Tonight’s result was solely a product of the effectiveness (or lack thereof) of the starting pitchers. As soon as AJ Burnett was removed from the game, the slumping Phillies resumed having unproductive at bats, while the Yankees lineup came alive once Jamie Moyer exited the mound. Unfortunately for the Yankees, Moyer dazzled the Yankees for eight innings, while Burnett’s three-plus were a complete disaster.
The maddening inconsistency of AJ Burnett was evident once again as the erratic Yankees righty allowed 11 base runners and six runs in 3 1/3 innings. Burnett has now lost his last three starts while pitching to an ERA of 9.00. Not only did Burnett walk four batters in his brief outing, but he constantly pitched from behind, barely throwing half of his pitches for strikes. After setting up a four run second inning with his wildness, Burnett then surrendered back-to-back home runs to Ryan Howard and Jayson Werth in the third. Finally, after failing to cover first base on what would have been an easy ground out, Girardi mercifully ended Burnett’s evening.
Like or not, AJ Burnett is never going to be consistent. More than most starting pitchers, Burnett runs hot and cold, and right now he is in the midst of another frigid stretch. More frustrating, however, is Burnett’s tendency to throw in the towel when faced with adversity. His failure to cover first base in the fourth inning was further evidence of Burnett’s lack of concentration, and it earned him a well deserved chorus of boos when he walked off the field.
Meanwhile, the Yankees were flailing away at Jamie Moyer’s slow and slower approach. Moyer’s arsenal ranged from a 69mph curve to an 81 mph sinker, yet somehow the Yankee batters seemed to behind on just about every pitch. The Yankees did manage solo home runs by Jorge Posada and Robinson Cano, but otherwise could not sustain any pressure against the Phillies’ aged lefty.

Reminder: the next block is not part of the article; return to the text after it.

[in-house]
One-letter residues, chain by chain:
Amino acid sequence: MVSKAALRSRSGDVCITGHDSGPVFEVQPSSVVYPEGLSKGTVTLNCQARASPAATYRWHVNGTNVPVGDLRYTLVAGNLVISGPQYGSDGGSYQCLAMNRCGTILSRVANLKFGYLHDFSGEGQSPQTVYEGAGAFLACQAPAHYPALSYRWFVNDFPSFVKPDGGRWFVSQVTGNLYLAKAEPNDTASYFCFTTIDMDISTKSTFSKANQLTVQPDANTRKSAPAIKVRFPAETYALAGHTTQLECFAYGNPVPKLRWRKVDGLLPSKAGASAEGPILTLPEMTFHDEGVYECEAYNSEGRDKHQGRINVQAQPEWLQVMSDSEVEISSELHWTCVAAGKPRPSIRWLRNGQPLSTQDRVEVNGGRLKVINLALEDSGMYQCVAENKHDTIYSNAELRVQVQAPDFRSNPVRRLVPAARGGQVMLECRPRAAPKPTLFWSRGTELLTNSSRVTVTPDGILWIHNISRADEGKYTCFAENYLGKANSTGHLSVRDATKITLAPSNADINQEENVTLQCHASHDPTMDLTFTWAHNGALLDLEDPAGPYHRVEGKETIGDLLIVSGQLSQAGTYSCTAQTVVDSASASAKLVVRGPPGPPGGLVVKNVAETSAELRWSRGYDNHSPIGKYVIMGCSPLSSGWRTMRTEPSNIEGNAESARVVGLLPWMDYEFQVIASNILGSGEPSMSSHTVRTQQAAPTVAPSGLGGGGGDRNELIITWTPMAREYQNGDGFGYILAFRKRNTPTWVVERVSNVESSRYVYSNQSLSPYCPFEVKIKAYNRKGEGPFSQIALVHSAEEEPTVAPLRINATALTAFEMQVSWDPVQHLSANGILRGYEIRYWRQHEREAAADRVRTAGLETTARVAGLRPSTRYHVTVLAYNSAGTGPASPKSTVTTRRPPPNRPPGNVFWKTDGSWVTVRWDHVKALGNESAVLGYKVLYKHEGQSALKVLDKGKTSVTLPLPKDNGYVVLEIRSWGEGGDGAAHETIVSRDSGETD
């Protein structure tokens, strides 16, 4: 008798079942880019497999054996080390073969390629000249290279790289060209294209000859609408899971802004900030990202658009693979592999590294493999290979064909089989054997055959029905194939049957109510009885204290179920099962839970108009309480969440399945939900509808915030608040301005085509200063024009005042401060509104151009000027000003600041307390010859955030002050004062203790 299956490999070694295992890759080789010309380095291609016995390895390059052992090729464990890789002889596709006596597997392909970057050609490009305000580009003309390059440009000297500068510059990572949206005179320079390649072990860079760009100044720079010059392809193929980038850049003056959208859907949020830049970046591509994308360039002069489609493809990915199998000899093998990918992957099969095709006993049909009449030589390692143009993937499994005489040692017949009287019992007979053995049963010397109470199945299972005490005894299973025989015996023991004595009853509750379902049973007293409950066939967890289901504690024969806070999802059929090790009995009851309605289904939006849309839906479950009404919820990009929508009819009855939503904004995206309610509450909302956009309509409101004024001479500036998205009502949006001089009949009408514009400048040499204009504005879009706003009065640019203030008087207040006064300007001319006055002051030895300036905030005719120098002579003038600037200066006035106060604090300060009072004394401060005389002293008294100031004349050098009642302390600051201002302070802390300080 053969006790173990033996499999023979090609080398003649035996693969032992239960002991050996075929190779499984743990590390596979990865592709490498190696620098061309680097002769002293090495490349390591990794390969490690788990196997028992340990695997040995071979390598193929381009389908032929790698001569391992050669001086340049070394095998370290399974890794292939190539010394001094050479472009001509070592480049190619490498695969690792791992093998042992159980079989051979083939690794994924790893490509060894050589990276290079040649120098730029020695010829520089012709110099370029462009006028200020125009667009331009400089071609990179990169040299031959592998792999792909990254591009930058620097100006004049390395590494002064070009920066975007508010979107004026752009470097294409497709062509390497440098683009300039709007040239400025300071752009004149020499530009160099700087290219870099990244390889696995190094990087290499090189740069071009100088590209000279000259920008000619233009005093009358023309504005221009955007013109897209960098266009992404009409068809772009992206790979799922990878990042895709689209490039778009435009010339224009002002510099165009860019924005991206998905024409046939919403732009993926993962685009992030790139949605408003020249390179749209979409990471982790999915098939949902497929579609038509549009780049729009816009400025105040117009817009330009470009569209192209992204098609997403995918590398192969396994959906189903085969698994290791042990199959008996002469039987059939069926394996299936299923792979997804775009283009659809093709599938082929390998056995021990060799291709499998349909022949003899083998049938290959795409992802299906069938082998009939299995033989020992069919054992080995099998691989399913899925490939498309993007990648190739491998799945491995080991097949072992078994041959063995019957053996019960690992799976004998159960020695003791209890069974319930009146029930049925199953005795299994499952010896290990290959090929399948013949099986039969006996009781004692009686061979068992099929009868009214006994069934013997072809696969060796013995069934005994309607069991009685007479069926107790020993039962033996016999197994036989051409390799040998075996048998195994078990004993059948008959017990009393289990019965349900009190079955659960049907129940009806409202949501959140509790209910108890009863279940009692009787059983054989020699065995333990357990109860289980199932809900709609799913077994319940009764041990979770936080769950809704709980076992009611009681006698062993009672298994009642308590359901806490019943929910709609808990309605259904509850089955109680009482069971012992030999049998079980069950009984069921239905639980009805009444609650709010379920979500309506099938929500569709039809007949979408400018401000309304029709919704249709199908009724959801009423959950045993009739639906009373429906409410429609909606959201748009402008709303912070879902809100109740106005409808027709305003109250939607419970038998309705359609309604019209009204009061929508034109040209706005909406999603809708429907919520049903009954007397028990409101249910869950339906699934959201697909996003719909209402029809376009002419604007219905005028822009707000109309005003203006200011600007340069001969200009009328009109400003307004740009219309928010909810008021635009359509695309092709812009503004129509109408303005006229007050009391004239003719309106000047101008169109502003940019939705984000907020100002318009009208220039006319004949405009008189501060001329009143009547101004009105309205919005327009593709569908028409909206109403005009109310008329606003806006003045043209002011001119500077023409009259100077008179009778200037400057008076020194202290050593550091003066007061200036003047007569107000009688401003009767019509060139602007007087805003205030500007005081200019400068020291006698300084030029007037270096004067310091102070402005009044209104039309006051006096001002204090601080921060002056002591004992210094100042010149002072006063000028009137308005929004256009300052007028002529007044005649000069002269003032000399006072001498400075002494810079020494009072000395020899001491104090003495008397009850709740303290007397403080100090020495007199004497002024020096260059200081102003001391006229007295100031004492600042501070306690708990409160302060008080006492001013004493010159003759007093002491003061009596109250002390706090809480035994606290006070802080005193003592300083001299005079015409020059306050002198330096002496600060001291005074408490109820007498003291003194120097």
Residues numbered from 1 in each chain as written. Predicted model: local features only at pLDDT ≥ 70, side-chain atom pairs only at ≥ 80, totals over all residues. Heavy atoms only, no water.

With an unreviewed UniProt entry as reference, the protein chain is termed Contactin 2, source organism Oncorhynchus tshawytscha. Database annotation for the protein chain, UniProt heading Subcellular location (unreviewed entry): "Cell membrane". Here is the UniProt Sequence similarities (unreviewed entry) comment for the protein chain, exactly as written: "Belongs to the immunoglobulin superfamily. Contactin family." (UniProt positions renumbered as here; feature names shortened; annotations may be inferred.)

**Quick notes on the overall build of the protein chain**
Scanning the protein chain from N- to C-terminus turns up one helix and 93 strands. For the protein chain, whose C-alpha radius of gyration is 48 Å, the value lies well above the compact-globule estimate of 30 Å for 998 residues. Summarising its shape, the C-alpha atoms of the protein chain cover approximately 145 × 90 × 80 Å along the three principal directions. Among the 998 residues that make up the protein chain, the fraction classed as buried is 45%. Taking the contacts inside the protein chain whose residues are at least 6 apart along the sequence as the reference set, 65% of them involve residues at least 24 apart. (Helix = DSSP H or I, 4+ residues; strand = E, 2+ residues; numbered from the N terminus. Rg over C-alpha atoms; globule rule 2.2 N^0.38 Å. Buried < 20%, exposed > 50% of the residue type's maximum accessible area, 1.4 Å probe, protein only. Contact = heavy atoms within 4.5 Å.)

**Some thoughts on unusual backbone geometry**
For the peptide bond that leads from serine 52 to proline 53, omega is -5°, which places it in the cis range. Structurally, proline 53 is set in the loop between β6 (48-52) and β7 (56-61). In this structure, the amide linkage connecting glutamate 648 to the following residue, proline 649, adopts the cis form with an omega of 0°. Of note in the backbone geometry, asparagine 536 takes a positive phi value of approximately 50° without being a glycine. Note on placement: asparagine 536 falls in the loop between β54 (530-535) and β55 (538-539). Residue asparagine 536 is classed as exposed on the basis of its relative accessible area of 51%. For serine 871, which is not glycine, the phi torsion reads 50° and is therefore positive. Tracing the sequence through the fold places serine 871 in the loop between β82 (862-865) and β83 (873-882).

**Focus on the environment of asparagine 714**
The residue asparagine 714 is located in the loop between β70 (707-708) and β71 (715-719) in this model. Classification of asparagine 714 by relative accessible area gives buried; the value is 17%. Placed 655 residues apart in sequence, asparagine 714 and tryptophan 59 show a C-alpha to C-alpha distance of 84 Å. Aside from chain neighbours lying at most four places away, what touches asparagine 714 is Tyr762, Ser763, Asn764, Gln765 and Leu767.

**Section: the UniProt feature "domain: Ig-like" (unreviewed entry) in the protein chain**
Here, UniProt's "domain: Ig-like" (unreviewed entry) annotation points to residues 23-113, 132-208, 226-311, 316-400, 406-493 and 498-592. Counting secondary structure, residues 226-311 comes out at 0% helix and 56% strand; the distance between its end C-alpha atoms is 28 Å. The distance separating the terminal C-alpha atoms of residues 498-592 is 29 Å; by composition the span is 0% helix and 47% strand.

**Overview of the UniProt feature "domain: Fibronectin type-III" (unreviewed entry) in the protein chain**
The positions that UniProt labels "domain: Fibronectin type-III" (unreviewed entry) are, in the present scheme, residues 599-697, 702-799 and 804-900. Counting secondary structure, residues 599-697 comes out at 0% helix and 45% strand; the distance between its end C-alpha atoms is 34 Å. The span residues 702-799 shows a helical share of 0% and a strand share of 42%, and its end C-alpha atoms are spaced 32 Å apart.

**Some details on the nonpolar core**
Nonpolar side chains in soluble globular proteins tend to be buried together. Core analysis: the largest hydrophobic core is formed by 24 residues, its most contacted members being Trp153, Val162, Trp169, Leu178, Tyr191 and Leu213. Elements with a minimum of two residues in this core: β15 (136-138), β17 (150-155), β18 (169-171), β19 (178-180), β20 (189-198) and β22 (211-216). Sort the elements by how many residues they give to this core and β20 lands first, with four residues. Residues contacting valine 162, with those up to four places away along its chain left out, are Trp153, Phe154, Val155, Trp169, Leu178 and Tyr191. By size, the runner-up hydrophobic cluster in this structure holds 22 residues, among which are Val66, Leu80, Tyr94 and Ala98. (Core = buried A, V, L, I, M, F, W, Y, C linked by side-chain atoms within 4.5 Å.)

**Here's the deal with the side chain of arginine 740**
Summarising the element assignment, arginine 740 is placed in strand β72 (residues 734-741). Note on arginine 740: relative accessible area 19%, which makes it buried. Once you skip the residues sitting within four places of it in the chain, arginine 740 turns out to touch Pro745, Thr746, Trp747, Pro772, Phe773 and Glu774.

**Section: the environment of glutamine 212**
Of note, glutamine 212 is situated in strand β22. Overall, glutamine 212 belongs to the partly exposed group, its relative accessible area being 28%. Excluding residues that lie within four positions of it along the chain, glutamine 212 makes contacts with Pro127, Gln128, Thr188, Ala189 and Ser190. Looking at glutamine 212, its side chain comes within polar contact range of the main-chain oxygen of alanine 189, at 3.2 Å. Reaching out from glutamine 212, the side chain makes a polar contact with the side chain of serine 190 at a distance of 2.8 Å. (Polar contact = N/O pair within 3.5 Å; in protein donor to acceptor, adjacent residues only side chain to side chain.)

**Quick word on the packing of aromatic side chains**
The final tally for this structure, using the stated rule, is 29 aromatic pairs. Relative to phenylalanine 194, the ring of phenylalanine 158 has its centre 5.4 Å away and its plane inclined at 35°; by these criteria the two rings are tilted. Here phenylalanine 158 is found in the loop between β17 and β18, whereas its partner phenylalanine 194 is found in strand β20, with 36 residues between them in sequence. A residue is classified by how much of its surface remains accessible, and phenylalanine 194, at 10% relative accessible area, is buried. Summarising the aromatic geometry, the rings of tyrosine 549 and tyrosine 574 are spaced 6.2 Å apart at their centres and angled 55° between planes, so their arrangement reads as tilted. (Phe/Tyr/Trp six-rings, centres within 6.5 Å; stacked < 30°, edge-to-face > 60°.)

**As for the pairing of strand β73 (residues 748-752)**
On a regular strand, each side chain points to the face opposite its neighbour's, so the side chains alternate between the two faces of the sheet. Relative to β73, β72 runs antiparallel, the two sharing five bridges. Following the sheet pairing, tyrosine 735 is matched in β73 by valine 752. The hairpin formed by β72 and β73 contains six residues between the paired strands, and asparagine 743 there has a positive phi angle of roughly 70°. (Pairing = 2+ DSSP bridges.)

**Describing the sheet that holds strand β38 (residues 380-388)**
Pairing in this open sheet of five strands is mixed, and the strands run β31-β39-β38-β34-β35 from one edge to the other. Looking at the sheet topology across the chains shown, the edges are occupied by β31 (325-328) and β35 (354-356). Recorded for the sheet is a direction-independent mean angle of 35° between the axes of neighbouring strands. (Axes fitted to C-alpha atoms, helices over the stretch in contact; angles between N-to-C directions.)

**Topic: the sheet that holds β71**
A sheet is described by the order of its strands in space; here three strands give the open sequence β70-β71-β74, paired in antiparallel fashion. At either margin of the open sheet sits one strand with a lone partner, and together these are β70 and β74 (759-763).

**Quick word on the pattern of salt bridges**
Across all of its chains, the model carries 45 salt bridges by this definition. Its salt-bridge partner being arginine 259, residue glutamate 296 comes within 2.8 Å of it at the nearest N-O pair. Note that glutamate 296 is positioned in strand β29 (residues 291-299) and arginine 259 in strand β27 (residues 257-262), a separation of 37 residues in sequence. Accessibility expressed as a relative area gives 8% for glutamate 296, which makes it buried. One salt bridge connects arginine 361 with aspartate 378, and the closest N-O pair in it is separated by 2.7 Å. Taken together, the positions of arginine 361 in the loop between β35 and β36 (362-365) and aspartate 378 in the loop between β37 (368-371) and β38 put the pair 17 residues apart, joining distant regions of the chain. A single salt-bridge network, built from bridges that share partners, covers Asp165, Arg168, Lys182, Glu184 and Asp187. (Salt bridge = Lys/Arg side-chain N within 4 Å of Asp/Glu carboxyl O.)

If there was any doubt about whether Burnett pitched poorly or the dormant Phillies lineup had finally been revived, the combination of Boone Logan and Chad Gaudin combined to pitch 5 2/3 perfect innings (not including one intentional walk). Even the most optimistic Yankee fan would have to concede that the bullpen’s sterling effort was the result of a still struggling Phillies’ lineup, which makes Burnett’s bad start all the more alarming.
The Phillies also came away with some cause for alarm as Brad Lidge was once again very shaky in trying to close out a 6-2 lead. As they seem to always do, the Yankees rallied to bring the tying run to the plate in the ninth, but the comeback fizzled when Posada swung over a slider in the dirt (one pitch after taking a hanger right over the plate). Even though he was able to finish out the game, the Phillies can’t be too confident in Lidge’s ability to close.
Although maddening, Burnett’s implosion really isn’t a long-term concern. However, the Yankees do need to be a little concerned about Arod, whose base running in the ninth didn’t suggest a fully healthy player. Even though the offense has compensated for his absence over the past few games, the Yankees need Arod in the middle of their lineup. Burnett will eventually hit a hot stretch, but a lineup without Arod would be a major blow.
AJ Burnett’s Pitch Breakdown
|Avg. Speed||Max Speed||Count||Strikes||Percentage|
|Four Seam Fastball||93.2||95.7||37||21||56.8%|
- Jamie Moyer (47 years 210 days) surpassed Phil Niekro (47 years 122 days) as the oldest pitcher to beat the Yankees.
- Ryan Howard’s and Jayson Werth’s home runs represented the first time the Phillies went back-to-back all season.